World / Latin America

Collectors uphold Beetle legacy

By Associated Press in Mexico City (China Daily) Updated: 2015-08-29 07:21

Restoring the iconic auto becomes a passion in the last nation to make them

When the Mexico City government retired the last Volkswagen Beetle taxis in 2012, it shipped most of the aging cars, commonly known as vochos, to junkyards to be turned into scrap metal.

But some of the Beetles, both former taxis and private cars, have found a second life in the hands of enthusiasts like Mario Anaya. He restored his father's 1994 sedan into an auto he named "the lizard" for its metallic-green paint.

 Collectors uphold Beetle legacy

Dany Beltran polishes his 1956 Volkswagen Beetle, which he calls "the Beltran Volk's Sheriff", outside his family's Volkswagen repair and service shop in Mexico City earlier this month. Beltran's uncle gave him the car when he was 13 years old so he could learn how to remodel and repair Beetles. The iconic car ceased production in 2003, but many fans of the once-omnipresent "bugs" restore them. Sofia Jaramillo / Associated Press

"The car has a second life," said Anaya, who began refurbishing the former taxi in 2007, installing a tan leather interior, a new odometer, fenders and chrome Porsche-style wheels.

A Volkswagen factory in Puebla, about 130 km to the east, manufactured the old-style Beetles for 39 years, long after production had ceased everywhere else. The last one came off the Mexican production line in 2003.

About 50,000 of the green and white taxis, many with the front passenger seat removed, still roamed the Mexican capital's streets at their peak in 2006.

But the city's crackdown on air pollution, its fight against crime, and the adoption of newer car models finally led to the retirement of the vocho, with the last of the Beetle taxi licenses expiring in 2012.

Today, Anaya's close friend Arturo Diaz drives a restored ocean-blue 1965 ragtop Beetle and is president of Xochivolks, a club he founded 11 years ago in the capital's Xochimilco district.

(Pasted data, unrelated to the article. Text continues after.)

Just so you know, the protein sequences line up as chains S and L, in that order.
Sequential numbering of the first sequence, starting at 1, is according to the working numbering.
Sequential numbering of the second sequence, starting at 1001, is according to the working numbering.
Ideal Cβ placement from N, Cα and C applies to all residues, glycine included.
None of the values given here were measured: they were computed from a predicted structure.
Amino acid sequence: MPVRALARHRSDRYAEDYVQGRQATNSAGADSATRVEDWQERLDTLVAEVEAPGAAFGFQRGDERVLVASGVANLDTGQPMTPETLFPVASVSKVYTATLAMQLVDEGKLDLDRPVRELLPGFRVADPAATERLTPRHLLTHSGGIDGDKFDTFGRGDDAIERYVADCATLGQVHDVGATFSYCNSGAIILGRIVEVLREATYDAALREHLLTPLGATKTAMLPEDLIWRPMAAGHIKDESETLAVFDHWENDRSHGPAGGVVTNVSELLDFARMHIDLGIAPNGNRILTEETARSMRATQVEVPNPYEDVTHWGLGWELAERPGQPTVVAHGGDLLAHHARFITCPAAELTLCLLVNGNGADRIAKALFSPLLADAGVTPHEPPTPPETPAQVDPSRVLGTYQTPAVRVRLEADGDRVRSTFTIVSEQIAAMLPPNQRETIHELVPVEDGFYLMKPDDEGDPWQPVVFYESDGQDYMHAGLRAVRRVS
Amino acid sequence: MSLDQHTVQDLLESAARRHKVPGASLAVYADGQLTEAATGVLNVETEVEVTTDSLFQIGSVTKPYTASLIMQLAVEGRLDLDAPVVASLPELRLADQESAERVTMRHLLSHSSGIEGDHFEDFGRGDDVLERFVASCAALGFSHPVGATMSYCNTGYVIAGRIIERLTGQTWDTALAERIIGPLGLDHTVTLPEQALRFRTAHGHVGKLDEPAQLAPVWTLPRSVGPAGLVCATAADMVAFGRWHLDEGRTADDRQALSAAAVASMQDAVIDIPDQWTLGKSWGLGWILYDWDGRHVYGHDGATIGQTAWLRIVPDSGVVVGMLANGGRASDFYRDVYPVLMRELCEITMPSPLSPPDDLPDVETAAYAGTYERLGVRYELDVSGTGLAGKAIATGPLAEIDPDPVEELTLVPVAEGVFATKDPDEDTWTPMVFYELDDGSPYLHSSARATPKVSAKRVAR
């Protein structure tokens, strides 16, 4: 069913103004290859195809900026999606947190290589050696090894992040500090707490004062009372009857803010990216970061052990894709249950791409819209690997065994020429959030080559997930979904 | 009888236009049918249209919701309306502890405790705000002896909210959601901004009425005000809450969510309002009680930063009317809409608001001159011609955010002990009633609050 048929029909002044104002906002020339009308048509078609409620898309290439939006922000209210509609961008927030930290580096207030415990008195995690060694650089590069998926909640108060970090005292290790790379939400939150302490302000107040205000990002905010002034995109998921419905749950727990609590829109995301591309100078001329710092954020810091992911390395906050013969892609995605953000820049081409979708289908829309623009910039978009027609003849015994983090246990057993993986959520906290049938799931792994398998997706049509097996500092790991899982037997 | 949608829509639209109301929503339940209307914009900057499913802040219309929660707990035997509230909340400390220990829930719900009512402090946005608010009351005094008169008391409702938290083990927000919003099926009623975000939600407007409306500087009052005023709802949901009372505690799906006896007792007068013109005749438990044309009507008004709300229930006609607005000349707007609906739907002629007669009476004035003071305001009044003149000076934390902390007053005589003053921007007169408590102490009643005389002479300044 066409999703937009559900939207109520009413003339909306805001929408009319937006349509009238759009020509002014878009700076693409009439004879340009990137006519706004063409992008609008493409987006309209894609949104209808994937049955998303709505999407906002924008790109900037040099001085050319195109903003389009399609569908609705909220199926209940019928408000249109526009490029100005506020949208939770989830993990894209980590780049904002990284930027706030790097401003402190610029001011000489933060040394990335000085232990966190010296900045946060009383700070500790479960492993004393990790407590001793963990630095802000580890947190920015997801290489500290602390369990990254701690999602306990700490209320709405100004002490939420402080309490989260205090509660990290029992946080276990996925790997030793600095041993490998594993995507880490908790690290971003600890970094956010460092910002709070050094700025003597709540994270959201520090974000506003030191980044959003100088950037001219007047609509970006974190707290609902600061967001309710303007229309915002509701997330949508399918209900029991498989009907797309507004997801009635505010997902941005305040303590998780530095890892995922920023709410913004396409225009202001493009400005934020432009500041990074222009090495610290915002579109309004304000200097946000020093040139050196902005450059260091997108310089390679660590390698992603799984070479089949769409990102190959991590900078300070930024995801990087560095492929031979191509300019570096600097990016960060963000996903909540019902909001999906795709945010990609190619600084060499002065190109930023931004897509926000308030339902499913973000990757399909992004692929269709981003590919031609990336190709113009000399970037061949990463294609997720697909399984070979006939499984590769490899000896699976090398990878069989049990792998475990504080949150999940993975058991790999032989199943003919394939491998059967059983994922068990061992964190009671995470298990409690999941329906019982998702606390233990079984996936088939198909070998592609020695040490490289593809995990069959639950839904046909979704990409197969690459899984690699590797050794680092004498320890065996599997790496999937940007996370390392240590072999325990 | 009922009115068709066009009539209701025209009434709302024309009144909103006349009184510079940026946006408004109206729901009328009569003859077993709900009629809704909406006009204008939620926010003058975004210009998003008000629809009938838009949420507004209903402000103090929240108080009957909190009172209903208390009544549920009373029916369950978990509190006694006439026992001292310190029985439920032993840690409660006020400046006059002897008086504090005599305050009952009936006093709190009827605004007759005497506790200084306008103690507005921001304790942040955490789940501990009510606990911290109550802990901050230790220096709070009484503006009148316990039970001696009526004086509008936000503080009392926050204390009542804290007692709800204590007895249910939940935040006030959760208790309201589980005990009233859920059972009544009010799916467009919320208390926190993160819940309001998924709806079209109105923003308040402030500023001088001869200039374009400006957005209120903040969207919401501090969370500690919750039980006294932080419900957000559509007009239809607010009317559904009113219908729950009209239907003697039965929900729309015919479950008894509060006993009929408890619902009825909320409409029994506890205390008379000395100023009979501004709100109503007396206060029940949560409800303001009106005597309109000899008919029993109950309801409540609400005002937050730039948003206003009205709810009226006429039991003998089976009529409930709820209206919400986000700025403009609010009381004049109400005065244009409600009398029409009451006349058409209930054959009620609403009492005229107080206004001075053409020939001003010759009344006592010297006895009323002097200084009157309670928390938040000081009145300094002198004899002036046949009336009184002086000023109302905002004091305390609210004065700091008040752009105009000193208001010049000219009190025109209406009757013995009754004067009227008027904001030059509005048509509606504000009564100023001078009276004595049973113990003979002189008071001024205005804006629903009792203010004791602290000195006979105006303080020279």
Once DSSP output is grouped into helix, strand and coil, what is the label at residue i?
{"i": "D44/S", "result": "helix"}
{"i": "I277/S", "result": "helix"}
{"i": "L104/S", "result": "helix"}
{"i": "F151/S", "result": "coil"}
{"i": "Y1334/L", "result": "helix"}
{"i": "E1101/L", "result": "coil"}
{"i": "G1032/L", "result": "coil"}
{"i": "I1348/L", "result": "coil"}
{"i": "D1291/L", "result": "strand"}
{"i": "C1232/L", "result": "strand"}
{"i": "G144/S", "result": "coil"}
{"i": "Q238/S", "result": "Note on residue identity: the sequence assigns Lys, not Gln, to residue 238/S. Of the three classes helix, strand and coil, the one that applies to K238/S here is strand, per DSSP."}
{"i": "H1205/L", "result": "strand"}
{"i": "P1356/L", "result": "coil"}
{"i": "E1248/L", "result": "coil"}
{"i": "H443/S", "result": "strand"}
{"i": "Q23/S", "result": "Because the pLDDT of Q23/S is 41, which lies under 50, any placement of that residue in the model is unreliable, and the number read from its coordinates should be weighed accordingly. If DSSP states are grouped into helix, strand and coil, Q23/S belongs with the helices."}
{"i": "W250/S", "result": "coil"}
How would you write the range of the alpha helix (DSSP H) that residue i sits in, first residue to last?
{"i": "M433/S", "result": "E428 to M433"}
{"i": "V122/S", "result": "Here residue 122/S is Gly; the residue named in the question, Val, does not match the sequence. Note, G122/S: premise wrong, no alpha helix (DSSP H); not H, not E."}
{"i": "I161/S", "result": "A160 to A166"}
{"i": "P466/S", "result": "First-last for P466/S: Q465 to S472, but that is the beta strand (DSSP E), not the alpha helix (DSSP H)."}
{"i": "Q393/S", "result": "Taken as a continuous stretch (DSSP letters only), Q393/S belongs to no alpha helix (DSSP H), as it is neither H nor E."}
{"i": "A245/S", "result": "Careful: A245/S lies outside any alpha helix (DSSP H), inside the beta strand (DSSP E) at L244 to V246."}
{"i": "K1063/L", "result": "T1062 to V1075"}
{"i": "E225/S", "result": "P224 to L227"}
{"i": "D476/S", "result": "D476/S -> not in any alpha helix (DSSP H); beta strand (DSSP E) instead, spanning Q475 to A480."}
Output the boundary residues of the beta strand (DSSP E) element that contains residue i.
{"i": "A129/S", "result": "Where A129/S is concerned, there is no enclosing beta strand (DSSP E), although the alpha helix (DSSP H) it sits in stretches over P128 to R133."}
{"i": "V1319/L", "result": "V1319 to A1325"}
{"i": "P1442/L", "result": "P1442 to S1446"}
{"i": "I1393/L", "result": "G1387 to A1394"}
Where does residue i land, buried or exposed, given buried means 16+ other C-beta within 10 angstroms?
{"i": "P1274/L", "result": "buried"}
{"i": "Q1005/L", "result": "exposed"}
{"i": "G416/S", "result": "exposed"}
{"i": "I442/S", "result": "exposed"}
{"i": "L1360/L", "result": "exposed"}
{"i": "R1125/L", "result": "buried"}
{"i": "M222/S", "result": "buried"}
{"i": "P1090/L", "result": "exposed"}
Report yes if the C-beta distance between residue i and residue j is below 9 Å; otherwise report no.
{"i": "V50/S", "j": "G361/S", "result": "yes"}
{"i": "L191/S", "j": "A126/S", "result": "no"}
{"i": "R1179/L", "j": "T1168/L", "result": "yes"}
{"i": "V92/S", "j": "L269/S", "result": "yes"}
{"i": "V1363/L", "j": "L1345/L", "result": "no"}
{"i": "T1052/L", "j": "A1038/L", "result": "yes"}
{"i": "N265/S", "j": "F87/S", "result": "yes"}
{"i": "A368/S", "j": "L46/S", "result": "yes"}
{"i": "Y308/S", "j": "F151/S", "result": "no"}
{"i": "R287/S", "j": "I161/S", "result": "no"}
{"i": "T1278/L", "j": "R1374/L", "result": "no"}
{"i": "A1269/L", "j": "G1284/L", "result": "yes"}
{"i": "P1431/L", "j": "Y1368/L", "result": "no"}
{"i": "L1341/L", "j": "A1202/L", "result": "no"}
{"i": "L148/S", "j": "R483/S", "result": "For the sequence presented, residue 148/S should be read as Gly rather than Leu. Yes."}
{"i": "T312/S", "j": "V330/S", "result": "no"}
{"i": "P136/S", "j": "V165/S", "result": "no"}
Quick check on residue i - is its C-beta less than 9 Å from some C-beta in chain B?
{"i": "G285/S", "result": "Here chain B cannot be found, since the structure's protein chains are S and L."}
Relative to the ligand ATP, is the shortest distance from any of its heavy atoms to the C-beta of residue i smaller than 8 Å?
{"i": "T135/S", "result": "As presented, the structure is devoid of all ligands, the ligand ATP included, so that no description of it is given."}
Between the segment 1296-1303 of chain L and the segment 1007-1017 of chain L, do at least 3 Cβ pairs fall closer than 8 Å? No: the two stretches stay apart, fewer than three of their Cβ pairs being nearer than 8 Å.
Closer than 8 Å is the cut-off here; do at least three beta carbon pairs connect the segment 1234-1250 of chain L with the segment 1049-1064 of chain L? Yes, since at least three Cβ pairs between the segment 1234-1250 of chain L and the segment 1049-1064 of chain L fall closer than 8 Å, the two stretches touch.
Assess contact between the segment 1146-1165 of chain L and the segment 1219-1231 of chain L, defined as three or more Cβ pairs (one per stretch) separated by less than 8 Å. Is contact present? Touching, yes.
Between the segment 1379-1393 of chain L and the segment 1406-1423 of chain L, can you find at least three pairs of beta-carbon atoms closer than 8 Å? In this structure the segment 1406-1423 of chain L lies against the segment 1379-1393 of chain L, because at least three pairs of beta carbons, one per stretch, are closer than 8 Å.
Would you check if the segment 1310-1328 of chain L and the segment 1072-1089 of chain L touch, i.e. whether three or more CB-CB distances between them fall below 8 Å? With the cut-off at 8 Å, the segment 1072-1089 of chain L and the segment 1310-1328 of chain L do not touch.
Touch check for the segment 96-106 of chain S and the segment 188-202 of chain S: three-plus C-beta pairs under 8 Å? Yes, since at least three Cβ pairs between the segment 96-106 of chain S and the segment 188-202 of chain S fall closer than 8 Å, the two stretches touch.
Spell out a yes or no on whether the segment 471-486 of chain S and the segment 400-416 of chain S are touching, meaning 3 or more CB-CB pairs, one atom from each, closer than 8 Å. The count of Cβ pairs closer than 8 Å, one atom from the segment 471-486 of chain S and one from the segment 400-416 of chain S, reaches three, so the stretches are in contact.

"It is a family thing," said Diaz, who brings his 9-year-old daughter, Amiel, to club meetings. "The car is mine, but everyone participates, everybody takes care of it, everyone helps."

Fellow club member Christian Franco customized his bright yellow 1991 Beetle with toy chickens for his wife, who works in a roast chicken restaurant. Meter-long rubber chickens are attached to the car's rear, and a fourth appears stuck under the back bumper.

"There's a resurgence of interest in these cars," said Mario Gamboa, a VW mechanic and race driver for 35 years. "People want to live the dreams of their youth by fixing up a Volkswagen."

Diaz said collectors sometimes purchase used Beetles on a website for secondhand goods, or acquire a used one from a relative, friend or neighbor.

Club members currently are looking forward to a huge gathering on Oct 25 at Mexico City's Estadio Azteca, with as many as 1,500 customized vochos and 4,000 enthusiasts expected to attend.

About 40 of the original vocho taxis still survive at the El Coyol scrapyard in the Mexico City neighborhood of San Juan de Aragon.

"We're like a taxi museum," said Miguel Angel Campos, a junkyard employee.

(China Daily 08/29/2015 page8)

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